What is your third pillar?
S.F.L.: Developmental research is Solar for Life’s final pillar. We have not only been researching the scientific effect of switching to solar energy, but also the social impacts. We have found that by using solar lights a family saves on average $70 a year on light, which is approximately 10 percent of their household income.
In the Photo: Solar for Life partners in Johannesburg manufacture these solar lights which include a stainless steel body, battery, led light, solar panel and solar stand. almost 65% of the assembly components are materials from South Africa. These solar lights have 3 different light settings (low, medium and high) for energy efficiency and have enough power as 16 candles. Photo Credit: Solar for Life
Tell us about results. Any news from the field?
S.F.L.: Through our on-the-ground partner Sunny Money, we have feedback from people like Dickson Murumbi, a teacher in Kenya, who said:
the light has changed our life. My kids eat well, study well and we are a happy family now.
Families can use their saved money on school fees, healthier food, farming inputs, and business development. Students have the ability to study longer each night without smoke or eye strain. Solar lights also reduce pollution in the home and save up to an estimated 200kg of CO2 a year.
The children study for longer hours and I use the light for security. We can now stay for longer hours in the evening when socializing
– Mabvuto Zulu.
Our portable lights offer safety for students trekking to and from school when it’s dark outside. The lights offer an avenue for independence and sustainability.
In the Photo: Project with Solar for Life partner Little Sun to support an off-grid school in Kwazulu-Natalworked. Photo Credit: Solar for Life
That’s very encouraging. You are really out to “share the light of the world” with the young. Do you see this as having a long-term impact?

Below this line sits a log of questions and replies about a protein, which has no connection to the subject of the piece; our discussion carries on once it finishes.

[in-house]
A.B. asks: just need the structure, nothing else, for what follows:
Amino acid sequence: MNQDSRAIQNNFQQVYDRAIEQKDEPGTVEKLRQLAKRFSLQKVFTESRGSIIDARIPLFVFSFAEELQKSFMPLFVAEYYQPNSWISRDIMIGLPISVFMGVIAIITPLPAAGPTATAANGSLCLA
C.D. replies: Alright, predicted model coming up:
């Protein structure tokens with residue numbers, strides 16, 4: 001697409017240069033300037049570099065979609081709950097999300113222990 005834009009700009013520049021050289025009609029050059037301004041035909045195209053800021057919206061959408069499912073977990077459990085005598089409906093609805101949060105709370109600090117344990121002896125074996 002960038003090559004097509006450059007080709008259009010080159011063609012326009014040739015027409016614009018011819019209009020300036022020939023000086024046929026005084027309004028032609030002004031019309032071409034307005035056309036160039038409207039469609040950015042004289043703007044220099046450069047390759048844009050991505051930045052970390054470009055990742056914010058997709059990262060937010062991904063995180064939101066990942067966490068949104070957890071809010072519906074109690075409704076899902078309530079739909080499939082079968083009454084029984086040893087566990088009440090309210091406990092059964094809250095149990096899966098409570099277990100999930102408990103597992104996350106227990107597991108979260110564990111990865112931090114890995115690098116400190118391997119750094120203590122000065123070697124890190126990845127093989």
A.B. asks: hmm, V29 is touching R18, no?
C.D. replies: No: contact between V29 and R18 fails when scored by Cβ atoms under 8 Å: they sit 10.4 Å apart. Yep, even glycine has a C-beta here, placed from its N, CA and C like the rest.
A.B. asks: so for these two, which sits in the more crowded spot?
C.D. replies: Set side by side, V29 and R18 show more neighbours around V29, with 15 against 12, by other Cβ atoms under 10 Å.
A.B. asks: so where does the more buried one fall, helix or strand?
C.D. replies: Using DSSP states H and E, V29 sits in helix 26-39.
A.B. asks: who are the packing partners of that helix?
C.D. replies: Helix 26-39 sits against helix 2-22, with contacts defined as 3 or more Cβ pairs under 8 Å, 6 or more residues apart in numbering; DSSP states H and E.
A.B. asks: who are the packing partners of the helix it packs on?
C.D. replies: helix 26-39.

S.F.L.: Beginning with educating youth, who may be unaware of the environmental and health impacts of simple activities such as the burning of kerosene, Solar for Life is committed to ensuring universal access to affordable, reliable and modern energy services while promoting entrepreneurship education on the ground in off-grid communities. These efforts will aid SDG 7 in its goal to double the global rate of improving energy efficiency. Furthermore, our passion for helping fellow youth and students gain access to clean energy research and technology through educational initiatives and programs, promotes investment in clean solar infrastructure.
Solar for Life is clearly operating at the very heart of SDG 7. In what countries are you active now and what are your plans for the future?
S.F.L.: Our current projects are in South Africa and Kenya, and soon we will be in Rwanda and Myanmar. We also host local sustainable energy education sessions in Vancouver and local development projects with Indigenous communities in Northern Ontario.
What is your final goal?
S.F.L.: Ultimately, Solar for Life combats the specific challenges faced by off-grid, developing communities who seek to reduce their economic reliance on unsustainable energy sources. We aim to connect global communities in off-grid areas with access to solar technology on an international level to form a powerful and impactful relationship devoted to sustainability.
This article is part of our series in collaboration with the Sustainable Development Solutions Network Youth Division on the Sustainable Development Goals (SDGs) – #SDGStories. Follow the stories with #SDGStories and look for the next installment to our weekly series to learn more about achieving the SDGs across the globe. We can achieve them, and we must.